Analysis of NK cell activation. PBMCs from healthy individuals were incubated (5 × 105 cells/mL) in RPMI 1640 supplemented with heat-inactivated 10% fetal bovine serum at 37°C, 5% CO2 for 72 h with or without IL-12 (1 ng/mL), IFN-α-2b (200 IU/mL), and IFN-γ (10 IU/mL) in 1.5 mL polypropylene tubes. Double staining with phycoerythrin-conjugated anti-CD56 and FITC-conjugated anti-CD69 mAbs was then done as described previously (31). Briefly, NK cells, which can be gated by their high expression of CD56 and relatively low side scatter compared with monocytes/macrophages, were assessed for their CD69 expression levels by flow cytometry. CD69 expression is reported to be a reliable activation marker for NK cells (32); hence, CD69-expressing NK cells are defined here as activated NK cells.
Cell proliferation assay. Proliferation of HH, HUT78, and MJ cells exposed to various concentrations of IL-12, IFN-α-2b, and IFN-γ for 72 h was measured using CellTiter 96 AQueous One Solution Cell Proliferation Assay kits (Promega Corp.) as described previously (17).
Statistical analysis. The difference in the survival between KM2760-treated mice and the controls was analyzed by the Kaplan-Meier method and compared using the log-rank test. The differences in the percentage of NK cells in PBMC between aggressive MF/SS patients and healthy individuals were examined with the Mann-Whitney U–test. The significance of changes in the percent HH cell lysis and the percent activated NK cells in the absence or presence of the cytokine was examined using the Wilcoxon signed rank test. Data were analyzed with the aid of StatView software (version 5.0; SAS Institute). In this study, P < 0.05 was considered significant.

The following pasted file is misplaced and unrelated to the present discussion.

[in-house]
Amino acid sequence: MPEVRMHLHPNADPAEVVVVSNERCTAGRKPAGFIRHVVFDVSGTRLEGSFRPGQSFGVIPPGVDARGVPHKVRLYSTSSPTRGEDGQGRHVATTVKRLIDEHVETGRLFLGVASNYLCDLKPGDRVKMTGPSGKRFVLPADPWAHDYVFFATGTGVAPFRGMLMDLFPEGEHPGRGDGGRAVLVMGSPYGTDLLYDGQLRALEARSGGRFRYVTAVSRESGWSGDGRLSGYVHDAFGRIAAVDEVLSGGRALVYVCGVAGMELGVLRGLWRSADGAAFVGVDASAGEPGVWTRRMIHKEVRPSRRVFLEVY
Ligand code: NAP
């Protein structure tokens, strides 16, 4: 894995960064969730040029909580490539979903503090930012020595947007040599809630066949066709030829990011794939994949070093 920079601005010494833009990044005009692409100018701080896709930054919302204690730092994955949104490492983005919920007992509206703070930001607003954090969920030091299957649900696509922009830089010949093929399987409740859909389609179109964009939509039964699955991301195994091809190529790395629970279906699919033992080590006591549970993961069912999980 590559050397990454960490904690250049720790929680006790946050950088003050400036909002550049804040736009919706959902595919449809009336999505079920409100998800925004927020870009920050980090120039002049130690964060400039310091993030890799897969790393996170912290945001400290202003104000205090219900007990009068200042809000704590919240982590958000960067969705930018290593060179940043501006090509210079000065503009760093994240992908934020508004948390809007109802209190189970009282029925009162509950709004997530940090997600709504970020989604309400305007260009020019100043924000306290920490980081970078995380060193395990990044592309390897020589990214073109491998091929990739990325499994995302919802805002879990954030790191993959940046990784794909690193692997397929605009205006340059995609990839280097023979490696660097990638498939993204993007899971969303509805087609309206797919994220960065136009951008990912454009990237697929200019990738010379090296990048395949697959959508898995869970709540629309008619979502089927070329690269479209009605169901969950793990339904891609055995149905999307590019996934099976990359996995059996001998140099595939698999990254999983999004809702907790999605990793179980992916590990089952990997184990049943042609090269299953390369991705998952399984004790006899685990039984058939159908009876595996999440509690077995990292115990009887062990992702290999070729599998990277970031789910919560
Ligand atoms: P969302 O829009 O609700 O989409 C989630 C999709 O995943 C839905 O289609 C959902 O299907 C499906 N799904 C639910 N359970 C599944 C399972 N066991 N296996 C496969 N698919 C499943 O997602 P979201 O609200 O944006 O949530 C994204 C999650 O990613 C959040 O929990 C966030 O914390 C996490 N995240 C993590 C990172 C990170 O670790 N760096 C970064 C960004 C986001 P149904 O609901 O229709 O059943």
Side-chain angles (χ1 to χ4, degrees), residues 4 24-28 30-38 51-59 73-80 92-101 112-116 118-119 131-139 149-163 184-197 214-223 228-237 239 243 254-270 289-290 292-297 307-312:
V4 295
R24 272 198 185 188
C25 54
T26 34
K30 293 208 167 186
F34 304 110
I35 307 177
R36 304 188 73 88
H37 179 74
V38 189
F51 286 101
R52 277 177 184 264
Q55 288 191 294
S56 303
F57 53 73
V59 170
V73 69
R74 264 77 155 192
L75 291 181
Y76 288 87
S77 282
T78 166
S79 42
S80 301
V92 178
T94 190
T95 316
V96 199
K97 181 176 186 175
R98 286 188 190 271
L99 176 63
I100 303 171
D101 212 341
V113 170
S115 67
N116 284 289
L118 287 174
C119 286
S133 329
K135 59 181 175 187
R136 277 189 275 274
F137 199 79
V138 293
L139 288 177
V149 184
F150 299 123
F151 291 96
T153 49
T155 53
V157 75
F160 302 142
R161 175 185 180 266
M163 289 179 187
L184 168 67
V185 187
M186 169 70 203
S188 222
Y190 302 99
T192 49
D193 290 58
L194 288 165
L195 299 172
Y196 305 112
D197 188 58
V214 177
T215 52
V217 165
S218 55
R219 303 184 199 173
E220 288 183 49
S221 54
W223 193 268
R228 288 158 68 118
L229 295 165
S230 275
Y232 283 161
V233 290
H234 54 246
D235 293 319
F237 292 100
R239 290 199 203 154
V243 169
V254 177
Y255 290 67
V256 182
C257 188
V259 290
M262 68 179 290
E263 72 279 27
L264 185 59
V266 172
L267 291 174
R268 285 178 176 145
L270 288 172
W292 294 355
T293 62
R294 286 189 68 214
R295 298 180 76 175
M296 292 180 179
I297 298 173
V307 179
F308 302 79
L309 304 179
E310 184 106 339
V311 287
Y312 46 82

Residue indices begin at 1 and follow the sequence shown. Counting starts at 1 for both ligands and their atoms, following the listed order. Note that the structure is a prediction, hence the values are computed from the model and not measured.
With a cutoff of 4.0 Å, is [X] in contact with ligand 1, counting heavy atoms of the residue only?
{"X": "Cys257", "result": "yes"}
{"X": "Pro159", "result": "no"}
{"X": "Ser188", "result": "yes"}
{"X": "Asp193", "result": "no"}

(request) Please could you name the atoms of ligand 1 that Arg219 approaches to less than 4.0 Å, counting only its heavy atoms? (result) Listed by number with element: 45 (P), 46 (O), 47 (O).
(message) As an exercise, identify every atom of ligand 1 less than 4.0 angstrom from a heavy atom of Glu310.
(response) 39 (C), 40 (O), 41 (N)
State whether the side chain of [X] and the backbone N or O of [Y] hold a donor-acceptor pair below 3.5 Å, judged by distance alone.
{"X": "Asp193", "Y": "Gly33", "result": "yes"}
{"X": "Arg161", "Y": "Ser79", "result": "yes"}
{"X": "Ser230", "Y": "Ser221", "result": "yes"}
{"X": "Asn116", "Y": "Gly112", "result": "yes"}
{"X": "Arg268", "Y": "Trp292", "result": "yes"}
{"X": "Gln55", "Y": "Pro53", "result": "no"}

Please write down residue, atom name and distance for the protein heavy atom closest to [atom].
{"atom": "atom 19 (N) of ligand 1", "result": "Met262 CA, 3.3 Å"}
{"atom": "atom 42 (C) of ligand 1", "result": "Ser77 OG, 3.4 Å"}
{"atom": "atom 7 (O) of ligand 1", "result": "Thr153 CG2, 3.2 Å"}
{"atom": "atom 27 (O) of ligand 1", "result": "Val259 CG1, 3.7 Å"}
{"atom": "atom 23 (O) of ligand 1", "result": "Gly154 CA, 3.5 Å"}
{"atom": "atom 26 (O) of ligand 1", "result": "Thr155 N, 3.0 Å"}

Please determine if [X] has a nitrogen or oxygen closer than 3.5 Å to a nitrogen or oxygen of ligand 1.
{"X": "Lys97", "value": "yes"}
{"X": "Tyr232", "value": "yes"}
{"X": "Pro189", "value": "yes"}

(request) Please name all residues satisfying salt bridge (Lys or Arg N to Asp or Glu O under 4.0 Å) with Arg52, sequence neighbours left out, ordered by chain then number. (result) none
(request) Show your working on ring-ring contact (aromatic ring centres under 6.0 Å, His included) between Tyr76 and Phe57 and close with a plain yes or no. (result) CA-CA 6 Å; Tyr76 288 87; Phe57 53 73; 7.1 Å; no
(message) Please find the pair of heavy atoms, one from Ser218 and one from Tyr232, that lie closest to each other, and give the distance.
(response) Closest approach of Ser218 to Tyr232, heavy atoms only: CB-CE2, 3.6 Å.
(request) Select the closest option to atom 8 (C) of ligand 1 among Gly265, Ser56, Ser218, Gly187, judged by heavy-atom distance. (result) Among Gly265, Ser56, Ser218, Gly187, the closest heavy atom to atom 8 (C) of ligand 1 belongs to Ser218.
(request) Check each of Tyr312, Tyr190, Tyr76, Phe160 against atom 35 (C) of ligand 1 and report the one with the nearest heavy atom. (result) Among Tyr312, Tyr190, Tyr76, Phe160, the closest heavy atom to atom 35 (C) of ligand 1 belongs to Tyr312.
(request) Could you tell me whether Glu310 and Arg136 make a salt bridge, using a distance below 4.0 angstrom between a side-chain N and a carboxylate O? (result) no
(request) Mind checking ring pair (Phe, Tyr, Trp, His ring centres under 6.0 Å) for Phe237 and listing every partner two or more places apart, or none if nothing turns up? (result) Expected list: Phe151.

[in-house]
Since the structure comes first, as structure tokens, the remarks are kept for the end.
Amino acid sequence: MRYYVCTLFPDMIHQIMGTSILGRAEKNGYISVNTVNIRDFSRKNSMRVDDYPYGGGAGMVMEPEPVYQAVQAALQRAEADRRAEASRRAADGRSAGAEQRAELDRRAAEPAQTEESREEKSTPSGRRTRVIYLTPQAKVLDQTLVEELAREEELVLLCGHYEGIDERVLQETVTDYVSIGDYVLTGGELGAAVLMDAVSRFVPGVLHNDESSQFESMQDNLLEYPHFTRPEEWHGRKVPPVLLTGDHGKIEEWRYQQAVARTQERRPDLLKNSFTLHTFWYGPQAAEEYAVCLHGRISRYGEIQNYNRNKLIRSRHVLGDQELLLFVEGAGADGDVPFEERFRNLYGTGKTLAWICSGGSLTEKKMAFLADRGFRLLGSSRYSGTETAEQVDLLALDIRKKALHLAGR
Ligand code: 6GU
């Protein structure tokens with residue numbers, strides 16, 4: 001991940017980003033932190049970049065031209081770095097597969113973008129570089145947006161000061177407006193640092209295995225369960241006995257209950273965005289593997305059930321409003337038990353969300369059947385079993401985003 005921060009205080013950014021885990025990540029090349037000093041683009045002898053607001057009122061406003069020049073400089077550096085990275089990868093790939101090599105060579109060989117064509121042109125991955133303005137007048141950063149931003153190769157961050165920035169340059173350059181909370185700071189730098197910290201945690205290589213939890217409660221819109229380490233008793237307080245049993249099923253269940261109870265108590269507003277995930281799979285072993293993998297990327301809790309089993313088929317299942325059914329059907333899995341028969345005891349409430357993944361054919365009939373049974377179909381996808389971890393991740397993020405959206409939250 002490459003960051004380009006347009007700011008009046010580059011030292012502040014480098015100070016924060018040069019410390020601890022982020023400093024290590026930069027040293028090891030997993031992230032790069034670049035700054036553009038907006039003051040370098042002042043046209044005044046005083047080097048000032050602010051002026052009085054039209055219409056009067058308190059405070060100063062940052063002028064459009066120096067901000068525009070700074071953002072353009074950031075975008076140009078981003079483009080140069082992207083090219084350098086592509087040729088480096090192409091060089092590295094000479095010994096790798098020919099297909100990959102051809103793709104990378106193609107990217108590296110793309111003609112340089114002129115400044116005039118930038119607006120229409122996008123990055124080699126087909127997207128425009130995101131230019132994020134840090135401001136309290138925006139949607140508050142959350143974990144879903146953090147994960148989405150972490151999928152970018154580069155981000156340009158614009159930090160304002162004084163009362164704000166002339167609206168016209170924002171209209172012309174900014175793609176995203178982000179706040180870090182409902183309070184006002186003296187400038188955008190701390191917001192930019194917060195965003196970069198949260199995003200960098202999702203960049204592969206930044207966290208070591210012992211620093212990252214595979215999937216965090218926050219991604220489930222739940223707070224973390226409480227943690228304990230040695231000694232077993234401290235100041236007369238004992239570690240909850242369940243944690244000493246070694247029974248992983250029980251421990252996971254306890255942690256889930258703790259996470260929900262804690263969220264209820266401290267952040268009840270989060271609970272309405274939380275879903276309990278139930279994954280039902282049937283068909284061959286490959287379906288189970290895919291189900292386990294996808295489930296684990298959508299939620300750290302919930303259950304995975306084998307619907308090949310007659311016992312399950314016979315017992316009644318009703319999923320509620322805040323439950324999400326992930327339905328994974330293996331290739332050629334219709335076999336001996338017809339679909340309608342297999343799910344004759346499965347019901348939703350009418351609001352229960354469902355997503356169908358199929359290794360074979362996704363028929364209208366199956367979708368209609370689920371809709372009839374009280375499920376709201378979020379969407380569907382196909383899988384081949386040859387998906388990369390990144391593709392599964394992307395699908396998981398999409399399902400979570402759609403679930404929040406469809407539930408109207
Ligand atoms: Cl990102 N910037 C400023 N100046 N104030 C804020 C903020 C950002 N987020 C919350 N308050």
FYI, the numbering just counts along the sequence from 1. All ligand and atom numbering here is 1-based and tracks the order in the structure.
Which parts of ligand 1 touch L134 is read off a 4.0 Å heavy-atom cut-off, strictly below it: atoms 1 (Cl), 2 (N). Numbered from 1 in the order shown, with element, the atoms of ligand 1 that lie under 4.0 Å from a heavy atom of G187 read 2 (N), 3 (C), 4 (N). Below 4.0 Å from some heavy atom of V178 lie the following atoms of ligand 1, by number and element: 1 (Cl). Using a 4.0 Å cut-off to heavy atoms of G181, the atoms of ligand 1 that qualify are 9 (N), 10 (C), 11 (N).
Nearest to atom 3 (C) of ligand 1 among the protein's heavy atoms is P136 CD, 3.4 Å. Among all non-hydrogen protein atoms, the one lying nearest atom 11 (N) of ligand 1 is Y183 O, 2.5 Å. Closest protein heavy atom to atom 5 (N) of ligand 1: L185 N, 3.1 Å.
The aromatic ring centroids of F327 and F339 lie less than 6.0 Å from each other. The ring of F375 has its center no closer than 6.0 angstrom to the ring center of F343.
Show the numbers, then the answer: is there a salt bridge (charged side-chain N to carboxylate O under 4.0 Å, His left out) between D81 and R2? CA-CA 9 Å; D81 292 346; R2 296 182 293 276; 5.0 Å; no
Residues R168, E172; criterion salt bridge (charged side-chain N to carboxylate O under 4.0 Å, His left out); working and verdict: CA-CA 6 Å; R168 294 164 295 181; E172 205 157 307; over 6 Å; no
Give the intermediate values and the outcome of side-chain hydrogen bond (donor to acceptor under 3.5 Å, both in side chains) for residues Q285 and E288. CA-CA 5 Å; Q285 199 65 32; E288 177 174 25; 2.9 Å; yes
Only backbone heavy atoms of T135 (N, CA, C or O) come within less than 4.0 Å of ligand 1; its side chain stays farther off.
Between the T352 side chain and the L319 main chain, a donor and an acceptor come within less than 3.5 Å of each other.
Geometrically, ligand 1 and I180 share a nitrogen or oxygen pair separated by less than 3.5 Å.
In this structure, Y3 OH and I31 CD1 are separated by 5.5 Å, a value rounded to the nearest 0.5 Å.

KM2760 induces ADCC by human PBMC against a CTCL cell line. A human CTCL cell line, HH was confirmed to be positive for CCR4 by flow cytometry (Fig. 1A). KM2760 induced robust ADCC activity against HH in the presence of PBMC obtained from all three healthy individuals tested at a fixed E:T ratio of 50:1 (Fig. 1B).
KM2760 mediates potent antitumor activity in the CTCL mouse model. A CTCL mouse model using HH was established in our laboratory. In this model, a few s.c. tumors appear on SCID mice ∼4 weeks after i.v. inoculation with HH. Subsequently, their number increases and each tumor enlarges rapidly, with the majority of hosts dying of probable cachexia ∼3 months after i.v. HH inoculation. Visceral involvement cannot be observed by macroscopic inspection in this CTCL mouse model.